1943 Kefalonia massacres: Life sentence for Alfred Stork, the former Nazi nonagenarian who had once confessed to taking part in the 1943 Kefalonia massacres of officers from the Division Acqui in Kefalonia in September 1943. According to a report from the Telegraph today, Stork, 90, who lives in Germany, was convicted by an Italian military court for his role in the 1943 Kefalonia massacres, which took place after the officers surrendered to German troops. The sentencing was carried out by the Military Tribunal of Rome, the second section chaired by Antonio Lepore, where he concluded the trial of the former corporal who lives in Germany.
"He did not have the courage to maintain his admission of guilt and stayed comfortably in his home in Germany," said military prosecutor Marco De Paoli.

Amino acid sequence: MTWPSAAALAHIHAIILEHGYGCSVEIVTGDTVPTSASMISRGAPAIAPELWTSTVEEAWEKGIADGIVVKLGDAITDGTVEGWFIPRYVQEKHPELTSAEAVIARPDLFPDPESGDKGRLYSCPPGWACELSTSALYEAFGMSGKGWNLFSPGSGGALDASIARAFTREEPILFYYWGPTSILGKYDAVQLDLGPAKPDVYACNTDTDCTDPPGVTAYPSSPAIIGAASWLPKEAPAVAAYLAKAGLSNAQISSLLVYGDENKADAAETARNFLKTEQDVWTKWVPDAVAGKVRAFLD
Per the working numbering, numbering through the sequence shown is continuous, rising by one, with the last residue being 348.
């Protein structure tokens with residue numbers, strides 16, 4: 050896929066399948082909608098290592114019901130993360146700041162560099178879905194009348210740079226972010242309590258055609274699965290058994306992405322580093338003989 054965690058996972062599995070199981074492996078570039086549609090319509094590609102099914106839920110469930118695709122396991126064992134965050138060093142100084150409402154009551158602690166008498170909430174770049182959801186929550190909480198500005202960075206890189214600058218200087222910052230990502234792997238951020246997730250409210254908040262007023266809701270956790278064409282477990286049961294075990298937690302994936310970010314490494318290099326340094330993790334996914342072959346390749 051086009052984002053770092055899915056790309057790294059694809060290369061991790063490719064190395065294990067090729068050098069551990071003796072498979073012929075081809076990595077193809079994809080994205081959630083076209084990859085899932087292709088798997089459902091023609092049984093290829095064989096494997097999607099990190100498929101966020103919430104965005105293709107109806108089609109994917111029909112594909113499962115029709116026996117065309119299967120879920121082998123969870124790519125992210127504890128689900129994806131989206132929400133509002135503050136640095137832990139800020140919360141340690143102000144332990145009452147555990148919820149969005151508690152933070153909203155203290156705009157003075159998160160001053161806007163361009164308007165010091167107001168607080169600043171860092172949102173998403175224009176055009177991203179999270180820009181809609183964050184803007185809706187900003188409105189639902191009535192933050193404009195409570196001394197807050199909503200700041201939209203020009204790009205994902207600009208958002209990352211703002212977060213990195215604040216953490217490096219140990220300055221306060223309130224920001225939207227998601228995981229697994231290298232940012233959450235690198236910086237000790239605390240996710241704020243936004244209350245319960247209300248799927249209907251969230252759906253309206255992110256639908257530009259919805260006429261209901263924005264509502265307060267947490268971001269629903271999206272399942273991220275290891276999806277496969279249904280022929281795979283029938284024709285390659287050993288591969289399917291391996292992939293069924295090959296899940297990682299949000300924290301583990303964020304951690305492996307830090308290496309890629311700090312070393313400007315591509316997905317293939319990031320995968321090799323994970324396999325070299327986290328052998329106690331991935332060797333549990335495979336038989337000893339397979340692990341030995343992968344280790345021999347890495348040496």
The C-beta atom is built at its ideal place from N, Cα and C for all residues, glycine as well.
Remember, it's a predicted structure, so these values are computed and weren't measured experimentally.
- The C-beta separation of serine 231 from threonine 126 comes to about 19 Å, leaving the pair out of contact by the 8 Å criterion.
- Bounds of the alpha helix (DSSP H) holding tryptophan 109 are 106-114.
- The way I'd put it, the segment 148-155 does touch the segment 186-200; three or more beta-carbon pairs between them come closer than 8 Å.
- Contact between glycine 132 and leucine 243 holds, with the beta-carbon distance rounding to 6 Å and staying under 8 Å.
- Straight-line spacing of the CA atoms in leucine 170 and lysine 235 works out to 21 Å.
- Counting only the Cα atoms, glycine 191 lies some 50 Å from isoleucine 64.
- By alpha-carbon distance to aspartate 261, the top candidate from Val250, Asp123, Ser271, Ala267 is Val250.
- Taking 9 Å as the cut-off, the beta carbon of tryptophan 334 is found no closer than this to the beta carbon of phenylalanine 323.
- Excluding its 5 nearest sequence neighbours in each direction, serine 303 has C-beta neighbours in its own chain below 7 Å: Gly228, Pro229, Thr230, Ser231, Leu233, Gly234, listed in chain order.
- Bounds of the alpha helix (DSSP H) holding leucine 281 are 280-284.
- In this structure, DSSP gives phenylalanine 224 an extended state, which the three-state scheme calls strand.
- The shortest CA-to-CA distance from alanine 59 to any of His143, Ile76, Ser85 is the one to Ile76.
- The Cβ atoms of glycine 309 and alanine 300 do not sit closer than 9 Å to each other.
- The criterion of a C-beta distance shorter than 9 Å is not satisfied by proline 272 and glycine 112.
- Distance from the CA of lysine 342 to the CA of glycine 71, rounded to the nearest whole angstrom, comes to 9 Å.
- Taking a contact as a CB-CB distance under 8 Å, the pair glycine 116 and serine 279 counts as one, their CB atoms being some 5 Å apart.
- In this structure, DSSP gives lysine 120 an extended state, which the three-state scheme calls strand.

The judgment of the Tribunal is the first judgment made in Italy on the 1943 Kefalonia massacres. Previous proceedings had ended in the death of the accused, as in the case of Marshal Otmar Muhlhauser.
Stork admitted eight years ago to German prosecutors that he was part of one of the firing squads in the vicinity of the so-called Red Lodge, Sept. 24. "We were told that we had to kill the Italians, considered traitors," he said. At Red Lodge, officers were executed, 129 (seven others were killed the next day in retaliation) by two platoons.
The military prosecutor Marco De Paolis said that Stork had "no courage." He also stated that the 1943 Kefalonia massacres case had been an uphill battle because fellow German officers who are still alive would not incriminate Stork.
"There is a disgusting code of silence," he said.
The court found the testimony of witnesses enough for a guilty verdict, and therefore Stork was sentenced to life imprisonment for his role in the 1943 Kefalonia massacres.